By Jordyn Haime

…I dreamed the horrible dream of the rattling red livingroom, newly painted a strange 1929 varnish red and I saw it in the dream all dancing and rattling like skeletons because my brother Gerard haunted them and dreamed I woke up screaming by the phonograph machine in the adjoining room with its Masters Voice curves in the brown wood—Memory and dream are intermixed in this mad universe.

-Dr. Sax by Jack Kerouac

For Lowell artist Barbara Gagel, the power of writing transcends medium. The evidence is boldly apparent in her newest exhibition—Gray Words: The Dark and Light of Jack Kerouac, opening Friday at the Ayer Lofts Gallery.

Working with heated wax and pigment, Gagel translates Kerouac’s rhythmic prose to imagery that dances with a musical quality of its own and tells another Lowell story.

It’s not the first time Gagel has been inspired by the iconic Beat writer. Ever since she moved back to Lowell from Santa Fe, New Mexico five years ago, Kerouac has sparked her creative fire, making Gray Words Gagel’s seventh show with a focus on the author.

“It’s not like me to do seven shows on one theme, but each time I see a little nuance—I’ll read something that I hadn’t read before, could be an article or one of his books or poetry—I just get pulled in again. His words are so powerful,” Gagel explains in her studio, which is filled with photos of the people who’ve inspired her, paintings from previous Kerouac shows, and of course, endless art supplies.

Leaning against one wall is a board of inspiration wallpapered with pages and pages of Kerouac quotes—inspiration for future artwork.

“I just look. Sometimes I start with the words and it comes out the way I want it to, sometimes it’s the feeling that I want to be invoked, sometimes it’s just the fact that I’m reading him and I will go and do some painting or some printmaking,” Gagel says. “Then I will look at the [words] and say ‘oh my gosh, this fits so beautifully for this,’ and then make it work. It’s like going into an ocean of Kerouac and swimming in it, and the words are bobbing in the ocean.”

To create the many layers of wax, the bubbly black splotches and abstract designs that decorate Gagel’s canvases, she uses two techniques: encaustic mono-printing, and painting with hot wax.

Gagel’s encaustic mono-prints require a hot nail and a large hot box that gets evenly heated. She keeps an eye on the temperature with a thermometer set on top of the box, and then uses beeswax pigment to draw her design on the surface. Then, to create the print, she lightly presses a piece of paper to the surface, which picks up the design. She usually does several passes on one piece of paper, creating the layered design that communicates Gagel’s message.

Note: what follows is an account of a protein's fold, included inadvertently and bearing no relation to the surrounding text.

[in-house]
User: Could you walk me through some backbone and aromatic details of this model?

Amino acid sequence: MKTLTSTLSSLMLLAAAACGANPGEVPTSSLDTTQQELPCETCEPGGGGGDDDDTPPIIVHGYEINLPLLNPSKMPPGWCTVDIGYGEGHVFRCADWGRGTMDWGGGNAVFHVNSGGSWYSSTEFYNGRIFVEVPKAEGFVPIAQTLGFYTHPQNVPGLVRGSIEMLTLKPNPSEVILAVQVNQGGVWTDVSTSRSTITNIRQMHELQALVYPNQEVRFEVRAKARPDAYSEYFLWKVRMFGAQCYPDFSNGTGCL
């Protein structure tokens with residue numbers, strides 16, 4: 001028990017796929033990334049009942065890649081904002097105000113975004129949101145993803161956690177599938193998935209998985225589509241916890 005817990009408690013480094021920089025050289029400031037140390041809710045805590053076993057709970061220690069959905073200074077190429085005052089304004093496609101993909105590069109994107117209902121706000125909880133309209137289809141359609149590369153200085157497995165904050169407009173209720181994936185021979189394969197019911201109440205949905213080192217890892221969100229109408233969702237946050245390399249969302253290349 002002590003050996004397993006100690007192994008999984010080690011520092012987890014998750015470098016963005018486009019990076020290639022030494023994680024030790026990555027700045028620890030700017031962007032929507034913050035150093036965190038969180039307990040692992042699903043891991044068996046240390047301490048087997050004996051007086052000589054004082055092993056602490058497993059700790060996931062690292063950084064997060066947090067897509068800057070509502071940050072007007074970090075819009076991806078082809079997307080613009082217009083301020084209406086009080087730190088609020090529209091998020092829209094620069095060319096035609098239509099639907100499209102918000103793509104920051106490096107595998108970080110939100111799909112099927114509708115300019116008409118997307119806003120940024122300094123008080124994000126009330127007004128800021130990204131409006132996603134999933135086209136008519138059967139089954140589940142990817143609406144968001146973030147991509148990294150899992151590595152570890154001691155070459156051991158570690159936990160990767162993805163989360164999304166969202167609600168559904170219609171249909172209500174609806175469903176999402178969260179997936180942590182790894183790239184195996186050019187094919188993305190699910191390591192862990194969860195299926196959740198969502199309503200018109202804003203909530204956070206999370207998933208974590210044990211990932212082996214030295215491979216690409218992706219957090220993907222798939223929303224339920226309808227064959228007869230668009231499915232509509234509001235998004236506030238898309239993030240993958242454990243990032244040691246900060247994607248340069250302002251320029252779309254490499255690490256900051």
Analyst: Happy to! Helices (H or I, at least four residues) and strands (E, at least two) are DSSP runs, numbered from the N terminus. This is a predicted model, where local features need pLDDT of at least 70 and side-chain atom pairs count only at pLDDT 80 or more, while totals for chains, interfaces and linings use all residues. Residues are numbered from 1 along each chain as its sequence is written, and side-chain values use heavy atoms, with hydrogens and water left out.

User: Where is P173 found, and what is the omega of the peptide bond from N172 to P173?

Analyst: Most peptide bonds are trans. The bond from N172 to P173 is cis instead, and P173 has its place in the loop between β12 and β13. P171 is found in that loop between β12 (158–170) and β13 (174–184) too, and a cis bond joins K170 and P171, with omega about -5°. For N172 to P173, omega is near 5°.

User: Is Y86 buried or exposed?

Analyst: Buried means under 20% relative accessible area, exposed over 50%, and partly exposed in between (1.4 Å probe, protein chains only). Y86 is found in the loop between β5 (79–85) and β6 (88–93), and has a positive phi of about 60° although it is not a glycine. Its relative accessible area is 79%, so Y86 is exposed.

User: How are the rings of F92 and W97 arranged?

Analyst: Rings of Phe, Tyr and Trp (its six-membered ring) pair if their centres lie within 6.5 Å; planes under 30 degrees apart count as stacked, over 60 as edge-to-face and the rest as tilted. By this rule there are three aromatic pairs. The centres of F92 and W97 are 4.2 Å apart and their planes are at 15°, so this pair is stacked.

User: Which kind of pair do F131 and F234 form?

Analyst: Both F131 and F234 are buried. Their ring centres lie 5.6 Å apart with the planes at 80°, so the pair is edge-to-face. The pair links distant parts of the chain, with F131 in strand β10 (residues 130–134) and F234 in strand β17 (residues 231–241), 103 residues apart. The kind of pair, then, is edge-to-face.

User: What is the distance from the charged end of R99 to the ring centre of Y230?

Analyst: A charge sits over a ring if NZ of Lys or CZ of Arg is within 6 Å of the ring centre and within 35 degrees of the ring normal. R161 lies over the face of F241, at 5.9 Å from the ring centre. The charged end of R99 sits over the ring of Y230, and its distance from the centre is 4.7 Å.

She also paints with heated wax, experimenting with various techniques and tools, to get different effects and textures. Torches, stencils, tape and wax sticks are all tools Gagel has used to produce her paintings.

“The technique is only as good as your idea. A lot of people just work with technique, and that’s very decorative, I’m not saying it’s wrong. I’m more interested in the idea, what am I saying? It would be like asking Kerouac, ‘are you going to be decorative with your words and just make it pretty? Is it a dime novel, or do you want to make art out of it?’ So that’s the difference,” she says.

Many like to remember Kerouac in an idealized light, but Gagel recognizes the darkness in him too. Those are his “gray words,” his fascination with spirituality and the divine, she says, as well as the haunting memory of the death of his brother Gerard when Kerouac was only four years old. He presented dark and light imagery in his writing, too, frequently using black, white, and gray as descriptors.

The occasional pop of red makes an appearance in Gagel’s works, too, as it does in Kerouac’s novels. Included in the exhibit, is Gagel’s painting “I Saw The Dark Flowers,” inspired by a quote in Kerouac’s Vanity of Duluoz. Black, dripping, seemingly dead flowers stand against a delicate gray base with a single red rose drawing the eye to the right.

Another painting, “Oh Black Magic in the Night,” boasts assertive black brush strokes with white shining through and a few red drips hidden within the folds.

“I have this whole sensation of feeling the same feelings from my childhood,” Gagel says, relating to Kerouac’s own childhood memories, which he often referred to in his writing. “The Catholicism, the smell of incense, the candles, you know—everything. I connect with him deeply.”

Gray Words: The Dark and Light of Jack Kerouac will be on display October 6-29 at Ayer Lofts Gallery on 172 Middle Street. Their Weekend hours are 12-4pm. The Opening Wine Reception will be on Friday, October 6th, 4-7:30pm.



About The Author

Jordyn Haime

Intern Jordyn Haime is a journalism and international affairs dual major at the University of New Hampshire. She enjoys traveling and discovering the soul of a place, which usually ends up being inside its coffee shops or bookstores. Her hobbies include watching Twin Peaks, making zines, reading too much, and discovering new music while curled up on the couch with her cat/best friend, Mia.